Catholics must deal with abuse: flock fights for its shepherd

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Written By Maya Cantina

In Wolfenbüttel, Pastor Matthias Eggers is on the verge of losing his office – he has criticized the diocese’s revaluation policy. The community is in turmoil.

View from the choir to the crowded church, on the left of the photo Reverend Eggers is looking at his congregation.

Only at Christmas it is overcrowded as usual: the residents of Wolfenbüttel want to keep their pastor Photo: Simon Benne

HANOVER taz | There has probably not been such unrest in St. Peter’s Church in Wolfenbüttel for a long time: last Sunday it was fuller than at Christmas, even the beer benches brought in were not enough, signatures were collected outside, the altar boys unfurled a bannerwhere it said: “If Matthias goes, then we go too.”

At least that is how various media and stakeholders describe it. The – apparently very popular – pastor Matthias Eggers had previously given a sensational interview. In the Hildesheimer Allgemeine Zeitung from May 18 On a double page spread he criticized the Catholic Church’s lack of willingness to provide information cases of sexual abuse. There is talk of ‘facade Catholicism’ and ‘double standards’.

Five days later he had to report to the bishop. The staff meeting had been planned for some time and was going to be about internal conflicts and their future use. In the end, it was all about his public statements.

Bishop Heiner Wilmer asked him to voluntarily resign from office. He was given fifteen days to think about it. To this extent the representations of the diocese and Eggers agree. They differ on whether he was also threatened with deportation on this occasion.

It’s not just community members who are outraged

Since Sunday, expressions of solidarity have been piling up across the entire political and religious spectrum: from the Affected Council North, the non-party mayor of Wolfenbüttel, Ivica Lukanic, the SPD district leader Christiana Steinbrügge, the CDU in the district and the city, the Protestant Provost Dieter Schultz-Seitz and the Turkish-Muslim community.

This is remarkable because the diocese of Hildesheim is considered very progressive when it comes to investigating abuse. When Bishop Heiner Wilmer took office in 2018, he promised to “turn over every stone” and with this ambition he made himself unpopular with many fellow bishops.

“No bishop has ever found such clear words,” Reverend Eggers praises to this day. This actually set a lot of things in motion. But ultimately the powers of perseverance are also very strong.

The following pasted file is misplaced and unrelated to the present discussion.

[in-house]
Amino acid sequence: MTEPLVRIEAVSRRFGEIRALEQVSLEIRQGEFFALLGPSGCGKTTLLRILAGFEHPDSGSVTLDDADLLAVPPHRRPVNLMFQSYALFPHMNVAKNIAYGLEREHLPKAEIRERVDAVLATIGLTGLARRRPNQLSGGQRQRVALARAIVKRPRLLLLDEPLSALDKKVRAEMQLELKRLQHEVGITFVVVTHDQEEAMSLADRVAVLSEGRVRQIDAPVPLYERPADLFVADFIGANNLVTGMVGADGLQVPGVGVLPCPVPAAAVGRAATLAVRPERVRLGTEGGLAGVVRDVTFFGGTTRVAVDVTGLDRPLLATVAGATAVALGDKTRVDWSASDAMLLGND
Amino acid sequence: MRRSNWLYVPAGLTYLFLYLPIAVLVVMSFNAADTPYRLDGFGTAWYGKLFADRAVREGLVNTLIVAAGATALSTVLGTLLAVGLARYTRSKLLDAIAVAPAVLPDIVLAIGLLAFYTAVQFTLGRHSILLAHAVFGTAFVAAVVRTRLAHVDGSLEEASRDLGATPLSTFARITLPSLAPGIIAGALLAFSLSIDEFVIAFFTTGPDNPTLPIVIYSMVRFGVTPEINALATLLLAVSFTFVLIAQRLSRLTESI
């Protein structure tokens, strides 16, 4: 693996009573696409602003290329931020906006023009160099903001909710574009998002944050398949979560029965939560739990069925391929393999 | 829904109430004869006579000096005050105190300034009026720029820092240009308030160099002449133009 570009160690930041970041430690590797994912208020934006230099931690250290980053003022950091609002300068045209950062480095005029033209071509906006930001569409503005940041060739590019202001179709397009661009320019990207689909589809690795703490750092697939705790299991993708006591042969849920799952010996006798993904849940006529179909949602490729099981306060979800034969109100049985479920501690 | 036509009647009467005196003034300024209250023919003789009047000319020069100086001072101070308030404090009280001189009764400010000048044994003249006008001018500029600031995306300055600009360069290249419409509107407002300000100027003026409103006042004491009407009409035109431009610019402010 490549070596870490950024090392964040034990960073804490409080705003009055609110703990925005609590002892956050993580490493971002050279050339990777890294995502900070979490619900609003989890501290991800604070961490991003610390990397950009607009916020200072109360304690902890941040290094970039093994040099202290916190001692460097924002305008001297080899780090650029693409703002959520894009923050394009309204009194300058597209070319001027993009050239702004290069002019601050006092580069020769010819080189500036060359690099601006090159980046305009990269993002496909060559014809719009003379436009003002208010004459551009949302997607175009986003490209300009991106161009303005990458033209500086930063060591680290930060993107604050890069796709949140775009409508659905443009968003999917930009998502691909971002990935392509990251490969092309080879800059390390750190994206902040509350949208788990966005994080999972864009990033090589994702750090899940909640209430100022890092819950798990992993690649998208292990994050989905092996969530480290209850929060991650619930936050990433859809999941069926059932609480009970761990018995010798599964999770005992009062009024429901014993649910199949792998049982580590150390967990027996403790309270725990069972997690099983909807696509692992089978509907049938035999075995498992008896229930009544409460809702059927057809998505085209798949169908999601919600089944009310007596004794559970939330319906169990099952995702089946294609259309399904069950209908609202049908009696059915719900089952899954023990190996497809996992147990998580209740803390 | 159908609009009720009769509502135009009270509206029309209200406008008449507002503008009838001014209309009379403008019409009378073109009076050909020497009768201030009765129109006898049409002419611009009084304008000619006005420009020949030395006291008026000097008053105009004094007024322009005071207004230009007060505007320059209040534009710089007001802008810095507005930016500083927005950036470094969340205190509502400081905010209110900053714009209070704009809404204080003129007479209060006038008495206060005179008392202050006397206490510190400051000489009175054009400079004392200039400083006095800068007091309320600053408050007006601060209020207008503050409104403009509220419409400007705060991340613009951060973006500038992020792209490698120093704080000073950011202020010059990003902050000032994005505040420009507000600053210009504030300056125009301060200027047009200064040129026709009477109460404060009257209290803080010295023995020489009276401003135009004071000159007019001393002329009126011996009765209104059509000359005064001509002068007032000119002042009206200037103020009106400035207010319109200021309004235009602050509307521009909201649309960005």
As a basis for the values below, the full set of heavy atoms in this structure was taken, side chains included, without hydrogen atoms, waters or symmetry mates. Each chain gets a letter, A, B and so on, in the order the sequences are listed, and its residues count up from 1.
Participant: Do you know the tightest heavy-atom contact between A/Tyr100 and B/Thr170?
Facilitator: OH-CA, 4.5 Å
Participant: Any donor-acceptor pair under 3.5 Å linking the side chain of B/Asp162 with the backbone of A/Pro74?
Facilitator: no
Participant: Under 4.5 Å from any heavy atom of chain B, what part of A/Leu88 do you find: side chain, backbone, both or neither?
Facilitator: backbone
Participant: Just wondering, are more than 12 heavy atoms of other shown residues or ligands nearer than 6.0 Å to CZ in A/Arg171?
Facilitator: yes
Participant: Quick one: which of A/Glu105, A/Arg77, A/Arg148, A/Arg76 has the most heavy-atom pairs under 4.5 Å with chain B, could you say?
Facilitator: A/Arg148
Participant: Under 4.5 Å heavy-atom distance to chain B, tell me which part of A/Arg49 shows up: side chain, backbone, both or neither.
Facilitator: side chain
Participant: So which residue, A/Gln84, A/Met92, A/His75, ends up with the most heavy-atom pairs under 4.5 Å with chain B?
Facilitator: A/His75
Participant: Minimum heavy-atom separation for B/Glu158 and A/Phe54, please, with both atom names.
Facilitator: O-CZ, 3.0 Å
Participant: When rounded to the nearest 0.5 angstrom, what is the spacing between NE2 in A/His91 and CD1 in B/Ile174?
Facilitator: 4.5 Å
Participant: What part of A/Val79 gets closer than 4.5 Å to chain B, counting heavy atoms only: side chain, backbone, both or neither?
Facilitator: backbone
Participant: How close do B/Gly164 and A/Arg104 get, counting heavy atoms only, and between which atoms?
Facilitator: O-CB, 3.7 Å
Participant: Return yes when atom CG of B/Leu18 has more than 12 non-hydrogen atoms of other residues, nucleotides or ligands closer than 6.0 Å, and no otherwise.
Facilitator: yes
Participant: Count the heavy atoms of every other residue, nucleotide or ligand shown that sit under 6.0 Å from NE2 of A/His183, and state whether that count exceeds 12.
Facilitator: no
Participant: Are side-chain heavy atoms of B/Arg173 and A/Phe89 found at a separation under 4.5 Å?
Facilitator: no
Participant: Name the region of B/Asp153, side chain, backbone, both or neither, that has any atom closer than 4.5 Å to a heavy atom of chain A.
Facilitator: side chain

“There are many beautiful words everywhere, but only so many actions until the public loses interest,” Eggers criticizes in the article HAZ-Interview. Ultimately, this also applies to the diocese of Hildesheim. There, on the other hand, the criticism is found to be unjust and too general.

After all, the third major study has just been launched and the staff unit for prevention, intervention and education has been expanded several times since 2012, says the spokesperson for the diocese Volker Bauerfeld.

Those affected are running out of time

But Matthias Eggers has run out of patience. And if you have his Blog “Bringing light into the darkness” If you read it carefully, you can guess why. He describes growing up in church, the first years as a pastor without any idea of ​​this ‘dark parallel world’.

Until at a certain point he spoke to the first victim and increasingly revealed that these things had not happened somewhere, but directly in his environment. Eggers, who also describes himself in the blog as an ‘official of a perpetrator organization’, has rigorously chosen the side of the victims.

He is emotional, feels torn and perhaps that is why he sometimes crosses the line: for example, when he refuses to allow the auxiliary bishop to be present at confirmation, because in his opinion he has not fulfilled his responsibilities.

But Eggers also knows that many of those affected are running out of time. In the interview he describes the case of a man who belonged to his parish. He had been abused in the Bernwardshof children’s home, the recognition allowance was disappointingly low, the disability pension was barely sufficient and the community supported him.

He would have liked to make his knowledge available for processing, but he died before the current investigation was commissioned, while the allegations against the institution have actually been known since 2012. That is one of the reasons why Eggers calls for education to move forward faster and more energetically and to be more firmly anchored in local communities.

However, in the diocese people still believe that they are on the right track – even though it is of course still a long way. “We take this issue very seriously, but it is also a long and complex process,” the spokesperson said. When it comes to personnel matters, we just want to wait and see. It’s now up to Eggers to make a decision, they say. And it would be good if he would contribute something to de-escalation.

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